National Lottery hacked – change your password now
Teenage hacker Adam Mudd
All National Lottery customers have been urged to change their passwords after suspicious activity was spotted in 150 accounts.
Camelot, the Lottery’s parent company, emailed customers to say that the affected accounts had been “subject to an unauthorised log-in and that very limited information may have been viewed”.
It added it was “taking all the necessary steps to fully understand what has happened”, noting that the vast majority of accounts - 10.5 million - weren’t affected.
Strange behaviour was detected in early March. Camelot said this was “low level” hacking that was “very sporadic – and almost indistinguishable from normal player activity”.
It addressed fears that hackers might steal winning Lottery numbers by saying there was “no unauthorised access to core National Lottery systems or any of our databases, which would affect National Lottery draws or the payment of prizes”.
It claimed no player had suffered financial loss, and said that the targeted accounts have been suspended. Affected customers have received help to re-activate ther accounts, Camelot added.
The company tried to reassure customers by stating that it doesn’t display full debit-card or bank-account details on online accounts.
A Camelot spokesperson said the attack appeared to be a case of ‘credential stuffing’, in which hackers launch automated attempts to access accounts using usernames and passwords taken from stolen lists circulating on the internet.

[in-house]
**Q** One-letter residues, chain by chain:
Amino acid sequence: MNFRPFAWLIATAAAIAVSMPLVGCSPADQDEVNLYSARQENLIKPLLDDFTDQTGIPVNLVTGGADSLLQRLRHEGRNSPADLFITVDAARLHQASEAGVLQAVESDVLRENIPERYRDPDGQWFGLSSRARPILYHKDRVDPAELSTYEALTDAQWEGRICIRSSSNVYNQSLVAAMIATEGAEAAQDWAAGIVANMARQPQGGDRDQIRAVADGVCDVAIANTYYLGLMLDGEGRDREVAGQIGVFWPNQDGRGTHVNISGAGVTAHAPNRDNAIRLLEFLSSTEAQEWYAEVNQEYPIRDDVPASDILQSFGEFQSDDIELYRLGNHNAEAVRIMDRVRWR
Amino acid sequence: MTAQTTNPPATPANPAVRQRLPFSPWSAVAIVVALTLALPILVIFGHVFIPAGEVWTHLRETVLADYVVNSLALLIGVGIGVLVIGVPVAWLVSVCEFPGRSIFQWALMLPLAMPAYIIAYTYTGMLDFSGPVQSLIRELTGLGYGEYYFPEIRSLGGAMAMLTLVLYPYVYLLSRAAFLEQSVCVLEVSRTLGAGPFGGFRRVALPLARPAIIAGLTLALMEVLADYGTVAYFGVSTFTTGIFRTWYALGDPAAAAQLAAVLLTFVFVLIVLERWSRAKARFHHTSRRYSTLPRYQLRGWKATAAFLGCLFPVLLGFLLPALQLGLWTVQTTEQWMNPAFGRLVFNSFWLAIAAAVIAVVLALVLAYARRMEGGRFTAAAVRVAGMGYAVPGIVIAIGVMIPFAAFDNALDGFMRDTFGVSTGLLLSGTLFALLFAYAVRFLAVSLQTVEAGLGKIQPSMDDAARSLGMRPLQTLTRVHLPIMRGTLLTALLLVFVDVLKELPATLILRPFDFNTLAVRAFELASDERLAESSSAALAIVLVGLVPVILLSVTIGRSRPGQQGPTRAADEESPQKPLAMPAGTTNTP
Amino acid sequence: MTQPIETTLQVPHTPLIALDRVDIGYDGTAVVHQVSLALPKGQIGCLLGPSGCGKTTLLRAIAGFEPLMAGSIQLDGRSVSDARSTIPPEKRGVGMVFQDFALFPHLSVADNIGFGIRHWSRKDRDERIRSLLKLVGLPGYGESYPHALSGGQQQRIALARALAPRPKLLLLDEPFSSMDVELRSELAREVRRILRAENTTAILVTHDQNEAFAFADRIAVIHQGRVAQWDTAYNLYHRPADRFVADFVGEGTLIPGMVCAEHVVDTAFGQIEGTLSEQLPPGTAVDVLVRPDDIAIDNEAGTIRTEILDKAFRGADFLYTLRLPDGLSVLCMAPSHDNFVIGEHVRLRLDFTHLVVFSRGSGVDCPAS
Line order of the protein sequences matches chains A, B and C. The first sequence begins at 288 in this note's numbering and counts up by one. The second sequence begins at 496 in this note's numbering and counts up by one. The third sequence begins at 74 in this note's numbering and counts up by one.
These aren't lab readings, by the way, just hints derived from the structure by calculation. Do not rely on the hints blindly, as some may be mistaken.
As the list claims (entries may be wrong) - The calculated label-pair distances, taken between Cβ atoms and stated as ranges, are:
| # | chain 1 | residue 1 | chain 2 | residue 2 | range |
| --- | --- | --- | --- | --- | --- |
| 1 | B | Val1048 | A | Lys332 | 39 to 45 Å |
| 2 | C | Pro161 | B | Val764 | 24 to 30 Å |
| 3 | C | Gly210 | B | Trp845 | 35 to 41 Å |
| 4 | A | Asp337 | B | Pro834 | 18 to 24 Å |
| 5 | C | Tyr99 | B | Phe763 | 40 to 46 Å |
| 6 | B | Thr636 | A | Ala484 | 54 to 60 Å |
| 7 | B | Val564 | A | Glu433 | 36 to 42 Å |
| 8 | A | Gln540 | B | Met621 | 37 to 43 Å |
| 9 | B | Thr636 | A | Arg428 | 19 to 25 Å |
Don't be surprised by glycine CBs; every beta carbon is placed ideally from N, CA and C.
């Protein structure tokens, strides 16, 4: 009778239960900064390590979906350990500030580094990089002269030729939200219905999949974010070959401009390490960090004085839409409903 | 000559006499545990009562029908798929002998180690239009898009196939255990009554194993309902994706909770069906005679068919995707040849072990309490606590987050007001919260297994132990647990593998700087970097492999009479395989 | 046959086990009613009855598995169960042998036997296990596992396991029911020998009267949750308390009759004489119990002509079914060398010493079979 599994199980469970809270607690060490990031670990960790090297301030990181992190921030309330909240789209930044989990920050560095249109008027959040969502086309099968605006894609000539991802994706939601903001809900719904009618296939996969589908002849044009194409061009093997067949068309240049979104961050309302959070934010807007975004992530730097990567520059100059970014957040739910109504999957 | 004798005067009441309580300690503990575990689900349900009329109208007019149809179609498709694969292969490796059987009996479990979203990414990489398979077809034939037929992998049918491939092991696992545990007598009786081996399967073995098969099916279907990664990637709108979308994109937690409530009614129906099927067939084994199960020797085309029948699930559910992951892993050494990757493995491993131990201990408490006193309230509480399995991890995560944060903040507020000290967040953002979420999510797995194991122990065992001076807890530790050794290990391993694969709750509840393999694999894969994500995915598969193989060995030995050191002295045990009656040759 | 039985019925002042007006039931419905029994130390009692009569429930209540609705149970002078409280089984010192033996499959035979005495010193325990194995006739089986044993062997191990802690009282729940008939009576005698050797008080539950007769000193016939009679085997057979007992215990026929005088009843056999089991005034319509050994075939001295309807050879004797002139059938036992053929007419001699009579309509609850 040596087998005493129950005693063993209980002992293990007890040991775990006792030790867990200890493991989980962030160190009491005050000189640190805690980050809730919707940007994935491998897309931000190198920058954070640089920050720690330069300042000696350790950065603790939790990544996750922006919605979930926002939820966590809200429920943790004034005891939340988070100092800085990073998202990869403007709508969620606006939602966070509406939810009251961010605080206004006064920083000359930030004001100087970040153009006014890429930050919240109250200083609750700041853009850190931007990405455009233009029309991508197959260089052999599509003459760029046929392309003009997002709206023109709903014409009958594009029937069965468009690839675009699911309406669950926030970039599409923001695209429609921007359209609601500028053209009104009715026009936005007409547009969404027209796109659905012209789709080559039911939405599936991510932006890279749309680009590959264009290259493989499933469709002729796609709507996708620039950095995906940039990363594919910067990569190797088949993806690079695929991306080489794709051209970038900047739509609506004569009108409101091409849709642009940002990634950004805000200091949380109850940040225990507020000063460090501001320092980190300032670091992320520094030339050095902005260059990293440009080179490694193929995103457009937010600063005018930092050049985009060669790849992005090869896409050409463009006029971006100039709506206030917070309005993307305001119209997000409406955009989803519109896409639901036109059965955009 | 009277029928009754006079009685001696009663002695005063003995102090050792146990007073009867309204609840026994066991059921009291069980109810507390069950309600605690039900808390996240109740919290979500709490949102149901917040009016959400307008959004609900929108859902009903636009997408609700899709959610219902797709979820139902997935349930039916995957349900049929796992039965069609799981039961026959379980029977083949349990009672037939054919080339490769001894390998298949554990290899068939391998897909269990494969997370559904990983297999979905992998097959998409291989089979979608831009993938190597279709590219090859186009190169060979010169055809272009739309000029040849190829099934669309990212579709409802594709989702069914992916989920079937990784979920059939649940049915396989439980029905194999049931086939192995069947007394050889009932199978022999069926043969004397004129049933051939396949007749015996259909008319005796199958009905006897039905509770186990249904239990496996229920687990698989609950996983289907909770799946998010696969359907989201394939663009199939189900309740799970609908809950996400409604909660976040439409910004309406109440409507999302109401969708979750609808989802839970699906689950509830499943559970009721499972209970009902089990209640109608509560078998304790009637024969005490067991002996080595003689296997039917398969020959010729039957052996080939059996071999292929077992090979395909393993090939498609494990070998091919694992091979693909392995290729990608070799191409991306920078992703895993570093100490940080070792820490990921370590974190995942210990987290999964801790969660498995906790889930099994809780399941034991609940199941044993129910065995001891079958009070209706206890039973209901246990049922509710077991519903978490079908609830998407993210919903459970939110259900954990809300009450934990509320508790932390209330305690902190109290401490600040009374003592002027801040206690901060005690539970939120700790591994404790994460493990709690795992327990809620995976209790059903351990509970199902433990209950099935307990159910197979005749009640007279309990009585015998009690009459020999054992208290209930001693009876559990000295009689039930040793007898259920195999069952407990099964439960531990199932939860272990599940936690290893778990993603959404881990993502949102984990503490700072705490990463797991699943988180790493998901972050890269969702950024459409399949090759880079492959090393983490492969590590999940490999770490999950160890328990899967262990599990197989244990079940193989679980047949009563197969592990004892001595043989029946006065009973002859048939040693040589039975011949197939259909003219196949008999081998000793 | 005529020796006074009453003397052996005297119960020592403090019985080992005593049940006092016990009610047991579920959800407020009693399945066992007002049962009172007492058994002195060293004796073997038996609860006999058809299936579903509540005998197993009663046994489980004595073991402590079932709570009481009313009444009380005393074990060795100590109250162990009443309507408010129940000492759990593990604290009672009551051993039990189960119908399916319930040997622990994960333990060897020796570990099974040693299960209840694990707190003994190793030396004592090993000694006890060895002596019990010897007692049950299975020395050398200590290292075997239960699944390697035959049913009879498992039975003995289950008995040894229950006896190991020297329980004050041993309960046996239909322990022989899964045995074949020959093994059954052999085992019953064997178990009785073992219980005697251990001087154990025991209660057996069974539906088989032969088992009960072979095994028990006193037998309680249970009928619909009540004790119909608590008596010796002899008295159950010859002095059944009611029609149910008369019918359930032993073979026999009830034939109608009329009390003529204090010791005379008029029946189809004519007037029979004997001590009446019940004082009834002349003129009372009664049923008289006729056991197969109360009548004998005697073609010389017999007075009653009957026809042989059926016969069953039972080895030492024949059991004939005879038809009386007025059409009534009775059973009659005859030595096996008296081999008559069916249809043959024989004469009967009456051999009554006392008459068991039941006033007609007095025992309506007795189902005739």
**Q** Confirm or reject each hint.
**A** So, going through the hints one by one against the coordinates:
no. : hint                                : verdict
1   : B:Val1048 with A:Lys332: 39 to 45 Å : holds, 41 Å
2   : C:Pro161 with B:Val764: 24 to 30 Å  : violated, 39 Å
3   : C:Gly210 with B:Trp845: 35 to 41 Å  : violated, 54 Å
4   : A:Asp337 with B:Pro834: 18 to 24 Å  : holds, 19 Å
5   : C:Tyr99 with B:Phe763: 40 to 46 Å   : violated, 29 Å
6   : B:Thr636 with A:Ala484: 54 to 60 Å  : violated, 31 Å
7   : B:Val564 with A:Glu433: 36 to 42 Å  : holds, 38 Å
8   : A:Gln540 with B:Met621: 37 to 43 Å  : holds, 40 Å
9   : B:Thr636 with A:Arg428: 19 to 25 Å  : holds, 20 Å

A similar tactic appears to have been used in November 2016 when Camelot spotted suspicious behaviour in 26,500 National Lottery accounts.
Camelot has reported the incident to the police, the Information Commissioner’s Office and the National Cyber Security Centre.
To change your password visit www.snipca.com/27322 and enter your email address (see screenshot). Read Camelot’s statement at www.snipca.com/27321.
When I was a teenager, I programmed a simple Hangman game on my BBC Model B computer. Adam Mudd (pictured), from Kings Langley in Hertfordshire, had his sights set higher. At the age of 15 he created a devastating computer program that could be used to attack and shut down websites all over the world.
That was back in 2012 – and in the years that followed he raked in nearly £400,000 selling his software to criminal gangs. In total, his tool was used over 1.7 million times, taking out innocent targets including online gaming sites and Mudd’s local college. In March, Mudd was sentenced to two years in a young offenders’ institute. Bubut that won’t undo the dadamage he caused. One bubusiness reportedly spent £66million defending itself agagainst the attacks, and let’s nonot forget the frustration and anguish caused to innocent users of the targeted sites. Mudd’s still a young man, and let’s hope when he gets out he’ll turn his talents to more positive pursuits. But for now he’s my Villain of the Fortnight. Want to nominate a villain of the fortnight? Email us at email@example.com